Wednesday, November 29, 2006

49 UP (2005) A Documentary Film Review

In 1964 British TV interviewed a group of seven year-old schoolchildren and each seven years since director Michael Apted has returned to follow up on their lives. I first heard Ebert praise the series when 28 Up was released in 1984, but I couldn’t locate a copy. I finally saw 35 Up on Cinemax in the early 1990s and I had a lot of trouble connecting with the people. I’ve since read reviews saying that it was a poor episode to begin on because the increasingly middle aged subjects were less optimistic about their futures.

Earlier in the year I saw 42 Up on TV and had an entirely different experience. The familiarity with the characters, my own aging, and the more positive outlook made for a much better ride. With 49 UP I’m now with Ebert in calling this one of the best executed documentaries in film history. The perseverance to chronicle these lives through the years is ultimately life affirming especially as it contrasts the present realities with the bleak expectations a few films earlier.

The characters lives are like ours. They struggle with disease, death of their loved ones, divorce, career changes, but as they near the half century mark, they are much more resigned with their accomplishments and failures and less interested in the status that they were so conscious of in the past. Many of the people say bluntly that they don’t like doing the series and that it trudges up bad memories that they have to re-live every 7 years. And yet, they continue to participate out of habit or maybe just the commitment that it’s bigger than their individual wants.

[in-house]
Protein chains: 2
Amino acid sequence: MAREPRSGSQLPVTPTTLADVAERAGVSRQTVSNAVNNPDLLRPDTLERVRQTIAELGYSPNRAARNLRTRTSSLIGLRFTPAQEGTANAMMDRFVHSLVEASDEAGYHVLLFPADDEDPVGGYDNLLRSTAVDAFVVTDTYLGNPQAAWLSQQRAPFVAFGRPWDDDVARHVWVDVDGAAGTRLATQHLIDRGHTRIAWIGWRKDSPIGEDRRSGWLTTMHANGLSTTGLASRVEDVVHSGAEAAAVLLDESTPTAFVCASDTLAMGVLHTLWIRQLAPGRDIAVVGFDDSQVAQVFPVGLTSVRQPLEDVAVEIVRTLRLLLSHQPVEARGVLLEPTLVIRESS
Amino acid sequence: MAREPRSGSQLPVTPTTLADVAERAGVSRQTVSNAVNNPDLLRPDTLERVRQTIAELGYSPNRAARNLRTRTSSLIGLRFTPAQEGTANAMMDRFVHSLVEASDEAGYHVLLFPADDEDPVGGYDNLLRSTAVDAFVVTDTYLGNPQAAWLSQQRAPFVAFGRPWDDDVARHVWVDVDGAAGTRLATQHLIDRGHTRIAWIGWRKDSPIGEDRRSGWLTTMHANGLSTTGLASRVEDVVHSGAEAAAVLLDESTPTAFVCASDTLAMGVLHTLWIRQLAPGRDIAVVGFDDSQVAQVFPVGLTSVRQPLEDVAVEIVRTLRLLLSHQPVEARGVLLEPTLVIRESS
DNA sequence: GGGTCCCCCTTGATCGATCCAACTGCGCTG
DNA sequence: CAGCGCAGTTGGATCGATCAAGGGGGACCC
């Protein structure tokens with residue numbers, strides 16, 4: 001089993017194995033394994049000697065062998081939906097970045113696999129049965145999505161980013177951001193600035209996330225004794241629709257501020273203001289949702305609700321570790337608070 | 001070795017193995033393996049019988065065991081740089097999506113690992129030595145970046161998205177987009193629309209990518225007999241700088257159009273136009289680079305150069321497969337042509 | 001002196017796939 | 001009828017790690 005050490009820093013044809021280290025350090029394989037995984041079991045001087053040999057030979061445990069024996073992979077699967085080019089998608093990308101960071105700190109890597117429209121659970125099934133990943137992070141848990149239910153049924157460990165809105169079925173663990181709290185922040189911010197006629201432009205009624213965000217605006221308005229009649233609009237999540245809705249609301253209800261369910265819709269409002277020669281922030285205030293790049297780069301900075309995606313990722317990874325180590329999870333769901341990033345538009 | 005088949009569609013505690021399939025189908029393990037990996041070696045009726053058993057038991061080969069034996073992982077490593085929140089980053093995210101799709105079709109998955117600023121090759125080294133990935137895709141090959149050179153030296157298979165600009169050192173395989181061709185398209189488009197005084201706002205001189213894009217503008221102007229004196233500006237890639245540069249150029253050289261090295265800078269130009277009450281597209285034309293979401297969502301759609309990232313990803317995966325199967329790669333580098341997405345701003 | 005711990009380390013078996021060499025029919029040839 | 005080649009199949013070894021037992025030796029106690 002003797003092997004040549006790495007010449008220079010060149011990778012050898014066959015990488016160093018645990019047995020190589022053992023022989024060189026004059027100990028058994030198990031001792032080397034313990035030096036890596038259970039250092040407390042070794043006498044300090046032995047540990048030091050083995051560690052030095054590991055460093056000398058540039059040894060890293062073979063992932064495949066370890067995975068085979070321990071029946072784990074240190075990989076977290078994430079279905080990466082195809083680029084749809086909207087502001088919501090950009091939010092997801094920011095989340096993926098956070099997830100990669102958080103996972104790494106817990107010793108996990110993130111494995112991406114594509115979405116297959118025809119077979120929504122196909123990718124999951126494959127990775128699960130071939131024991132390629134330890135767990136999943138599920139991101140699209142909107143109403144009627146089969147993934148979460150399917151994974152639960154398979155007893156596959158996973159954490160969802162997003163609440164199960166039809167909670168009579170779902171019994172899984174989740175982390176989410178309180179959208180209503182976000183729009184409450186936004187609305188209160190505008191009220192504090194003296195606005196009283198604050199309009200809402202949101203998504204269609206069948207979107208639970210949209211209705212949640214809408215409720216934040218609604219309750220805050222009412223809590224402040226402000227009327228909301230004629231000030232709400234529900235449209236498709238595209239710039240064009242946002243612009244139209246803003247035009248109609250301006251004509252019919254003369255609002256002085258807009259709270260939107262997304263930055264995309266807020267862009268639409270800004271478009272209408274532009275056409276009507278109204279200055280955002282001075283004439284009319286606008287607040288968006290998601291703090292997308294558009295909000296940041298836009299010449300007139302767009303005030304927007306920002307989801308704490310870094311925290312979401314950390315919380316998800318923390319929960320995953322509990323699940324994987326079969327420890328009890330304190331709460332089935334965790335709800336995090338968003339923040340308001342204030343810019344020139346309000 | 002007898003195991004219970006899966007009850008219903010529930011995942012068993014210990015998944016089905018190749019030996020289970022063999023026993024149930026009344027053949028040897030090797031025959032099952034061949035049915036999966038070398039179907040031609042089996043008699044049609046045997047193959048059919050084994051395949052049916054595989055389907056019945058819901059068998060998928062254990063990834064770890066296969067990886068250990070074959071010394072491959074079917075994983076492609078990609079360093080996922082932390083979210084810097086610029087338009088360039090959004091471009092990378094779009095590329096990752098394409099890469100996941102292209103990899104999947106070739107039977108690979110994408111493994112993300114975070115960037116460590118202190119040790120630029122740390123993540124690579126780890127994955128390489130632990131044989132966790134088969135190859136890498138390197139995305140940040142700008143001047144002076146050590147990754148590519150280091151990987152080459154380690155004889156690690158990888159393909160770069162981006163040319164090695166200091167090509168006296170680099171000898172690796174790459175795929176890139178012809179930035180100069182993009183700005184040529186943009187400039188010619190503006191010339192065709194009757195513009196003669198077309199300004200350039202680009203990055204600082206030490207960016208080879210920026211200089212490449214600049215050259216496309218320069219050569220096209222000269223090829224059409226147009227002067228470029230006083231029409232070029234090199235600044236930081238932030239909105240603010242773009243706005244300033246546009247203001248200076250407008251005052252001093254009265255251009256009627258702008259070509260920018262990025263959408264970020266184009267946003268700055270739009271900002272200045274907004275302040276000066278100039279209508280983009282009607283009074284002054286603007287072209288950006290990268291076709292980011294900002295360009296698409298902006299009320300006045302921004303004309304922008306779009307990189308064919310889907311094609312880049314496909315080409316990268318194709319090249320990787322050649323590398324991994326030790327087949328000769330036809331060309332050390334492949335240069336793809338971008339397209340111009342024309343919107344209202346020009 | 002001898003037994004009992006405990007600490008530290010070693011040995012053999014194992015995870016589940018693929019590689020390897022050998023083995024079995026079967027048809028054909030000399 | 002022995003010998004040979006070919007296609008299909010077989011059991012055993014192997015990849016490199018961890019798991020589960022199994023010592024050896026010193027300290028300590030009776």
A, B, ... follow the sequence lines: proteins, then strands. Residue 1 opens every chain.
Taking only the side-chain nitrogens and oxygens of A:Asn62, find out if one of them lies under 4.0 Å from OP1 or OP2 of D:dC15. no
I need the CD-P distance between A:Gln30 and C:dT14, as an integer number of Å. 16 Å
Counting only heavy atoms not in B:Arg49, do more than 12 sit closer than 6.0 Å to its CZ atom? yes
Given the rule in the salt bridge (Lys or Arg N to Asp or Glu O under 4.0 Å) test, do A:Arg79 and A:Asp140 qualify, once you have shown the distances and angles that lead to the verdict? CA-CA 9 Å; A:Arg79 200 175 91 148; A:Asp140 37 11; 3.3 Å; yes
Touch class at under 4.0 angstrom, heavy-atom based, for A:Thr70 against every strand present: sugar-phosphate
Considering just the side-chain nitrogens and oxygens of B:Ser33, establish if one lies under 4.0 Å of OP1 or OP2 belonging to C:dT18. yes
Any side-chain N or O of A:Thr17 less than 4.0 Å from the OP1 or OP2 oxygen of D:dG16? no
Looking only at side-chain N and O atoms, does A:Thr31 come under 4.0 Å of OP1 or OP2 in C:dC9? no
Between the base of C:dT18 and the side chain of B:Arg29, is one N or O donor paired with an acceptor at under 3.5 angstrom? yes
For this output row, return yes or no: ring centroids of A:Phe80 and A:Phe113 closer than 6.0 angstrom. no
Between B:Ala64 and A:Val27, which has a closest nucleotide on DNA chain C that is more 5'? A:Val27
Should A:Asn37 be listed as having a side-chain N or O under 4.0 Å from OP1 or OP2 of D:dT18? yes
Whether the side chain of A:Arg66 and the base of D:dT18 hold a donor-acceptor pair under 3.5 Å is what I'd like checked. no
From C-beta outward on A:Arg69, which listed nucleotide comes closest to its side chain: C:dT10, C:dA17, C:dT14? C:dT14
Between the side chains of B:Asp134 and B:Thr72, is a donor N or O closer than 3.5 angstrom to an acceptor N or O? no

Who would have thought that Tony, the poor East End kid, would become a jockey, cabbie, bit actor, and business owner would someday own his own vacation house in Spain? He misses his old neighborhood, the pubs and the culture that is overrun by immigrants. Though Apted had thought him to be a likely candidate for a life of crime he instead became a Tory conservative.

It takes some getting acquainted with the principles to really dig it and I’m glad that with time I have come to enjoy their parade. The series has become as much about life in general although it focuses on these specific lives.

Tuesday, November 28, 2006


He (Newt) also reaffirmed the Pledge of Allegiance, criticized attempts to ban its recitation and said the executive and legislative branches should watch over the courts.

"We are the only society to say power comes from God to you personally and you loan part to the state," Gingrich said. "It doesn't begin with the lawyers , with the bureaucrats... If there is no creator, where do your rights comes from?"

Saturday, November 25, 2006


Brought to you by Chris Larsen, the entrepreneur that created E.LOAN, brings a fantastic idea to the masses. I'm always looking for innovative ways to make a buck, whether in real estate, the art world, or financial investing. This is the best way I've seen in a long time. Basically, YOU can be the bank. It makes sense from a lot of angles. Say you have a fellow with $10,000 in credit card debt paying 18-25%, you bid on his loan and charge 14-15%, he pays off his debt and refinance it at a lower rate. Where else are you going to make 15% now days? You review 100's of requests for loans, you look at their credit rating, then use to mediate. It's billed by Money Magazine as a way to "...get in on the ground floor of some guy in Maine who needs $500 to fix his car..."